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AERA Continued: Dropout Factories

By Eduwonkette — April 01, 2008 3 min read

In the fall, the AP reported that 1 in 10 US high schools are “dropout factories.” At AERA, Robert Balfanz provided an overview of Hopkins Center for the Social Organization of Schools’ research that led to the AP article.

Central to the “dropout factory” is the idea of promoting power. “Promoting power” compares the number of 12th-graders in a high school to the number of 9th-graders three years earlier. While this is not a direct measure of the graduation rate, it is a decent indicator, and can be calculated for every school in America from the NCES Common Core of Data. Balfanz and colleagues labeled schools with promoting power of less than 60% - i.e. of 100 freshman enrolled in the fall of 2004, fewer than 60 are still enrolled in the fall of 2007 – as dropout factories. These schools are located primarily in urban centers and in the South and Southwest, and 25% of them are the only high school in their town. Schools with high concentrations of minority students are overrepresented: 56% of schools that enroll more than 90% African-American or Hispanic students are classified as dropout factories.

What I didn’t hear in the fall news coverage on dropout factories was a consideration of how out-of-school factors drive the dropout rate. Balfanz did a nice job of not only blaming schools, but the broader social policy context in which schools and students are located. As Balfanz wrote in an article available at the gradgap.org website:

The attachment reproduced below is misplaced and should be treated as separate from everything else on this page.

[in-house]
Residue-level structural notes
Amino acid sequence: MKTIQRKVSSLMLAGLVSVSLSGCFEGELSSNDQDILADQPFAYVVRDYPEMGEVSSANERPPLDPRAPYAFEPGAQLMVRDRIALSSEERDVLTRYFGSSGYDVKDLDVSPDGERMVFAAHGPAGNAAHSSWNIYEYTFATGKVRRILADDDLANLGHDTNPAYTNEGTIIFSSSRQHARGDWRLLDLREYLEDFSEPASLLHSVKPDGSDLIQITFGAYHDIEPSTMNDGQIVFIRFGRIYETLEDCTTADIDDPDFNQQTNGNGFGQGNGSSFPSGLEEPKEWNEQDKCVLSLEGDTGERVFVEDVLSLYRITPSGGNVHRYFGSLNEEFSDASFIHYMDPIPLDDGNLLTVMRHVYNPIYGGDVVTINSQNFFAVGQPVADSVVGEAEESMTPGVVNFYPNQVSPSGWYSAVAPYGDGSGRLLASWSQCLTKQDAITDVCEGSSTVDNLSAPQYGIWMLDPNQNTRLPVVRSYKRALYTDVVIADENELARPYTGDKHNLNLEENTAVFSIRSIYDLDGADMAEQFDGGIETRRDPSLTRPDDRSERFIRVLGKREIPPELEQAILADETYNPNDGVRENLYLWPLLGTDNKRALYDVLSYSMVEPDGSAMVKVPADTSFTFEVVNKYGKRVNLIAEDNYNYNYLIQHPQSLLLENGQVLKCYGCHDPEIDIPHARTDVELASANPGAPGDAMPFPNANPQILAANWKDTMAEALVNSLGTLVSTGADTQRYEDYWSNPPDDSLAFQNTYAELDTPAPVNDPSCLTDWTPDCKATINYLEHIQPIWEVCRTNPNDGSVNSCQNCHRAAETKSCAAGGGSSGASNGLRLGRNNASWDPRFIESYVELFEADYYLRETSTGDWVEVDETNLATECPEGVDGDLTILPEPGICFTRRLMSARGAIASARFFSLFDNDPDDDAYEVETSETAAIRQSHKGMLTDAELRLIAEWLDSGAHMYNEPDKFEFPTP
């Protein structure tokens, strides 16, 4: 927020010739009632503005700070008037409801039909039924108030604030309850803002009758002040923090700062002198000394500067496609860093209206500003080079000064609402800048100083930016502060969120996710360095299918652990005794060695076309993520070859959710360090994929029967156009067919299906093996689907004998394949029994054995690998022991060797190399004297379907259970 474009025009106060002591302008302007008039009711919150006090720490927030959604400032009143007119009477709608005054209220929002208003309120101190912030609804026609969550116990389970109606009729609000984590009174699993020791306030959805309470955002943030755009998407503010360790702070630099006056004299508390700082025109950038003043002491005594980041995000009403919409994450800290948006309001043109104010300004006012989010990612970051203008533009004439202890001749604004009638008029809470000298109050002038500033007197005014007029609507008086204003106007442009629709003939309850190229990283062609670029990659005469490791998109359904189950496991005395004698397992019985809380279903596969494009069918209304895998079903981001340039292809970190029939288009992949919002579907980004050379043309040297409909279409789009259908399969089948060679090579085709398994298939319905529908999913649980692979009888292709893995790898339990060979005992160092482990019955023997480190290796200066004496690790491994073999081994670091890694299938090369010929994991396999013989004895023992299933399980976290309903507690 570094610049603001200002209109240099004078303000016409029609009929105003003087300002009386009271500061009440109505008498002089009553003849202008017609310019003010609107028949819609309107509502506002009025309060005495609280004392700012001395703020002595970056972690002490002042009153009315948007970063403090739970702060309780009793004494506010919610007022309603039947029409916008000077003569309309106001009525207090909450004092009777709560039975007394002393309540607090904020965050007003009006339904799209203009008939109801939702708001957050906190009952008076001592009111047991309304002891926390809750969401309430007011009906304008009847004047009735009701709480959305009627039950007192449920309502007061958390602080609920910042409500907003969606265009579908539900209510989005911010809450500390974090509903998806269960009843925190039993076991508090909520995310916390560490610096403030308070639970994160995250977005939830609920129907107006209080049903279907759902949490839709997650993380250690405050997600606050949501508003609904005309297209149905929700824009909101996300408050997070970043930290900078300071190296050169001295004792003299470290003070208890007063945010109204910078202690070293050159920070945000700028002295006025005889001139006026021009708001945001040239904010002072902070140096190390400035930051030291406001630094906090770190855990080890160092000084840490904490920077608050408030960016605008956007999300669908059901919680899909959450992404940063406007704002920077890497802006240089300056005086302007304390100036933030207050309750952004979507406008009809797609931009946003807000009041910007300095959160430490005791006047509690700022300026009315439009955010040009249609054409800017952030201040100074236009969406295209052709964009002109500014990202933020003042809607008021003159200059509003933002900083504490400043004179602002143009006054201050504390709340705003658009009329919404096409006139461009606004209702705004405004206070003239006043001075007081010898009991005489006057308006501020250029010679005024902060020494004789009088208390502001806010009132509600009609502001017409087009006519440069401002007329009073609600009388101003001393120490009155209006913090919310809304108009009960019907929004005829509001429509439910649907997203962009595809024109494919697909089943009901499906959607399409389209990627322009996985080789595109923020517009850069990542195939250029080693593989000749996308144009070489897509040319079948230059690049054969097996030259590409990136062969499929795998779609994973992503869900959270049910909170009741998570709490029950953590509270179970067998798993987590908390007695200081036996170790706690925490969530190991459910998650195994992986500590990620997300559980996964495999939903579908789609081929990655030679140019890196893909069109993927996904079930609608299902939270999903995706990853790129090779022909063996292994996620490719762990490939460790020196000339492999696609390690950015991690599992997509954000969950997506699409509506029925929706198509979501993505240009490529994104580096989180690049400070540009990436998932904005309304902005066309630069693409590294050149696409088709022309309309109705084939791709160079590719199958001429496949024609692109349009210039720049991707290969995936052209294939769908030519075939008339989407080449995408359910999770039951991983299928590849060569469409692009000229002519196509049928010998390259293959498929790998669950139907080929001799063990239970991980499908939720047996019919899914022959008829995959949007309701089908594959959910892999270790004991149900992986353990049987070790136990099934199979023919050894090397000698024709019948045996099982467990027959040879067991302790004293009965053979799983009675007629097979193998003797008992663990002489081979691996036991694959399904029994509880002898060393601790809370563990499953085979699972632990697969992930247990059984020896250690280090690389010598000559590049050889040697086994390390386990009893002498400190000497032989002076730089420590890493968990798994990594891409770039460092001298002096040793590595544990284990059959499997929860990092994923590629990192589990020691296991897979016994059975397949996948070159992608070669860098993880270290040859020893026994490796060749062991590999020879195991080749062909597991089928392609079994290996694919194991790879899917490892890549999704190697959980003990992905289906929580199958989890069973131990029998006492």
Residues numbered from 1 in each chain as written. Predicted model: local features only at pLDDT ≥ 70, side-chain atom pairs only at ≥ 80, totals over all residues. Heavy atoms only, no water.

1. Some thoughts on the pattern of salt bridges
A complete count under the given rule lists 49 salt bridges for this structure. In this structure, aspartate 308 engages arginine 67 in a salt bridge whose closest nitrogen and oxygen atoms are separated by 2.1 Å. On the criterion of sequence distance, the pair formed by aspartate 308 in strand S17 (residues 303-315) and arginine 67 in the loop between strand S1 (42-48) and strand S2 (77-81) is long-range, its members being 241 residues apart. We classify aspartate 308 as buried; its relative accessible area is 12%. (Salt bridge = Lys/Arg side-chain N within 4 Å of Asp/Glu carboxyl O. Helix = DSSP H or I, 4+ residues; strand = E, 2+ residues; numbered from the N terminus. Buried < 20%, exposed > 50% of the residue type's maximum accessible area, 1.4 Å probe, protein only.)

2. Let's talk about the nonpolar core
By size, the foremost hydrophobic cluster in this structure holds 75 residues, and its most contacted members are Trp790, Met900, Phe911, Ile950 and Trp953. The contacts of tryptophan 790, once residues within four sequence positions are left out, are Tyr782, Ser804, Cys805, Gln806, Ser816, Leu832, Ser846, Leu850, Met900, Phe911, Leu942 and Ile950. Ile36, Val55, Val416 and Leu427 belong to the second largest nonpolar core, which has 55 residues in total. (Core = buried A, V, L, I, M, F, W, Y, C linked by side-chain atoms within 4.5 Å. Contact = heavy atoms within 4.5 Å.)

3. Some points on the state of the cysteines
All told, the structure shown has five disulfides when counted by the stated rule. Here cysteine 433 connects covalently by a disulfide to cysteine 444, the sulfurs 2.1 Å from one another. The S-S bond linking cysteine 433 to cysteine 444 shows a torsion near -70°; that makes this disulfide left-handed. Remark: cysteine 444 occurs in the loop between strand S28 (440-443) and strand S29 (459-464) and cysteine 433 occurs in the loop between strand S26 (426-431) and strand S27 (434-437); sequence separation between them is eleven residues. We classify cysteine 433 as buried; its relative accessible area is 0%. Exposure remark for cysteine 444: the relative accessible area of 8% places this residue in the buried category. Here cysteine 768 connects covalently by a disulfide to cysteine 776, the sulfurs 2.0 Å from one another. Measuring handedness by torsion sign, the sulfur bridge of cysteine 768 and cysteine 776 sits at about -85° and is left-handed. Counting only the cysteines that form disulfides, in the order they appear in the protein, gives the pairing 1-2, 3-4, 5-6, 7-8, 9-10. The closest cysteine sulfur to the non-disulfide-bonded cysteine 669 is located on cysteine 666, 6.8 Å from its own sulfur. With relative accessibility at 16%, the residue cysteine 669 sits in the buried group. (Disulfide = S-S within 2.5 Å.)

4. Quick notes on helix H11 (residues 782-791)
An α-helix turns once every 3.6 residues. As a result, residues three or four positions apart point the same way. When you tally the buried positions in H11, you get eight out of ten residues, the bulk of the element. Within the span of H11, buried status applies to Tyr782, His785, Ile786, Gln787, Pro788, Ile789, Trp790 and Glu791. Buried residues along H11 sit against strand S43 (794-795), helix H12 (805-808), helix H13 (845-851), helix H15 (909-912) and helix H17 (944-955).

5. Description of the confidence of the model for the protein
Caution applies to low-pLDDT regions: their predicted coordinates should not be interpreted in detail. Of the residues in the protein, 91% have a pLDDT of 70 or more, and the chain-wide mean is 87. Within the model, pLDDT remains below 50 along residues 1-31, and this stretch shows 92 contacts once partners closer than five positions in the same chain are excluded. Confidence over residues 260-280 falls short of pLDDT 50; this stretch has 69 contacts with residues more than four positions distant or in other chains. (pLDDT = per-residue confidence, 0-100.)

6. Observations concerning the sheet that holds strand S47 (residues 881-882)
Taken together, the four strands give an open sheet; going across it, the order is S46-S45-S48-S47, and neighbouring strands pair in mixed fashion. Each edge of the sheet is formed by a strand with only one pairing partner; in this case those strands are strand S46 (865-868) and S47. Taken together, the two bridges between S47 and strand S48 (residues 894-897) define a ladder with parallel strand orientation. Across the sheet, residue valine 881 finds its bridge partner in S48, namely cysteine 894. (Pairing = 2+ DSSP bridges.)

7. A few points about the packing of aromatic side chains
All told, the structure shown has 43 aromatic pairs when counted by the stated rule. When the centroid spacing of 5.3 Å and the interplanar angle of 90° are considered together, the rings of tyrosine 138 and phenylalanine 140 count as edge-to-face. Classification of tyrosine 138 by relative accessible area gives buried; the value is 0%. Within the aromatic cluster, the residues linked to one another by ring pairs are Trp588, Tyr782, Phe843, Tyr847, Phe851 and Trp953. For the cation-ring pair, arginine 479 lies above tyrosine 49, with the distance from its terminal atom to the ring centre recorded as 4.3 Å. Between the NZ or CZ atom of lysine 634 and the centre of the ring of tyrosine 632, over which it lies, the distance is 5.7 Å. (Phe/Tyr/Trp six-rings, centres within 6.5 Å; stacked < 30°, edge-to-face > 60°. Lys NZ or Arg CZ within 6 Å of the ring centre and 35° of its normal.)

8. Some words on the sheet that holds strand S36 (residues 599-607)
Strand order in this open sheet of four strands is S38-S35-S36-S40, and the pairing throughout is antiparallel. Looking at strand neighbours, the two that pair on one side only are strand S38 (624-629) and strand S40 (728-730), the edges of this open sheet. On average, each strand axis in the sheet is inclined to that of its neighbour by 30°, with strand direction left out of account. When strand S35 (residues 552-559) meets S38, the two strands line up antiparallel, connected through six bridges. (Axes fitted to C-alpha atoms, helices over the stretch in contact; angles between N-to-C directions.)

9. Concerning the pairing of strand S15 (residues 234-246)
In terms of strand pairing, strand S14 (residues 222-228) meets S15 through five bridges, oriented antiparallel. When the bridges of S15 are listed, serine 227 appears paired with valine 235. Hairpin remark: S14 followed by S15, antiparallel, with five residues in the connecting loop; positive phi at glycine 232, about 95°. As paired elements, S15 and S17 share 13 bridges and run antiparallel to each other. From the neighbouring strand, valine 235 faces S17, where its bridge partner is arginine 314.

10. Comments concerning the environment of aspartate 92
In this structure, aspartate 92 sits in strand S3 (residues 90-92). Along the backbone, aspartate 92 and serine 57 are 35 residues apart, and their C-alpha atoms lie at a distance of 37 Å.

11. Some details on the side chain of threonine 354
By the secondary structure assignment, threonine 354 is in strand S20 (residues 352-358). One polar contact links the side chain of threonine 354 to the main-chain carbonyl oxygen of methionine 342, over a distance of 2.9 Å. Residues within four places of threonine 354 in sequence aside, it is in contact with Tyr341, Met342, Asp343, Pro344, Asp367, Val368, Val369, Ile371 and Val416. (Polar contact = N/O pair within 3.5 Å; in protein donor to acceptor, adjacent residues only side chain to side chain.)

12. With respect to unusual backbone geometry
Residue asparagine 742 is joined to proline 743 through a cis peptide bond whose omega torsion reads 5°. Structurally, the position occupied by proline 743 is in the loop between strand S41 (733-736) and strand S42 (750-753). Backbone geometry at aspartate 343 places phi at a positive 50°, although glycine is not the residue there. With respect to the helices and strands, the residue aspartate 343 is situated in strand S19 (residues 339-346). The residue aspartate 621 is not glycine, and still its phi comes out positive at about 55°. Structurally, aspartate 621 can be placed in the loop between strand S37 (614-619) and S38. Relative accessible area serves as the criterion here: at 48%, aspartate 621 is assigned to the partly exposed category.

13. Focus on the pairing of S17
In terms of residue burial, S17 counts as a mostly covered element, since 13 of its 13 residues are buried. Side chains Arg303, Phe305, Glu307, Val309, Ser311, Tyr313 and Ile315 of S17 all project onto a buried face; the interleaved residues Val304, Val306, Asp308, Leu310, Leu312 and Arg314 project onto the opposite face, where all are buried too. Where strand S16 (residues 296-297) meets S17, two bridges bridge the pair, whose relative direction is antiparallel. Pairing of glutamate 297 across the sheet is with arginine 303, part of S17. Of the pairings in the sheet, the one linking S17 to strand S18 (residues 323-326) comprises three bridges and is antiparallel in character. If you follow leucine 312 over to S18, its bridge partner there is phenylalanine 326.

The teachers, administrators, and students in these schools are often going to heroic lengths to succeed despite long odds. The fault lies not with the schools or their teachers or students but with the intended and unintended consequences of decisions made at the city, state, and federal levels to create a subset of under-resourced, over-challenged, and non-supported schools that primarily educate low-income and minority students.

Balfanz reviewed, and then generally dismissed, three popular approaches to reforming these struggling schools. Closing schools may be necessary in some cases, Balfanz said. However, many school closings replace one under-resourced, struggling school with another. And for schools that are the only high school in town, it’s a difficult sell. A second popular remedy is reconstitution, which Balfanz argued has no track record of success.

A third solution is the creation of small schools, which Balfanz was optimistic about in cities with high concentrations of human capital (New York and Boston). But he warned that these schools have the potential to displace the students who would have attended the old “dropout factory” otherwise (see here, here, and here on displacement in New York). Instead of these three silver bullet solutions, Balfanz argued that we need a “wholesale transformation” of these schools, which includes a mix of schoolwide, targeted, and intensive interventions. He didn’t go into great depth about what this transformation would look like, though he did mention an “early warning system” – one that closely monitors grades, attendance, and behavior for students who are at-risk of dropping out – as an important component of high school reform.

Of particular interest was Balfanz’s discussion of how our “counterproductive accountability system” creates pressure to hold students back so they don’t affect the schools’ scores, or to transfer students so they don’t count against the school’s graduation rate. Balfanz mentioned that an “on-track to graduate indicator” might be a better accountability metric, but didn’t go into detail about how this indicator could be used for accountability purposes.

Interesting session overall, but I was left wondering whether the dropout factory press splash actually moved this debate forward, or was just another “our schools are failing” report that paved the way for more school closings that often leave nothing better in the dropout factory’s place. I also wanted more detail about what a “wholesale transformation” looks like on the ground.

Image credit: inmagine.com

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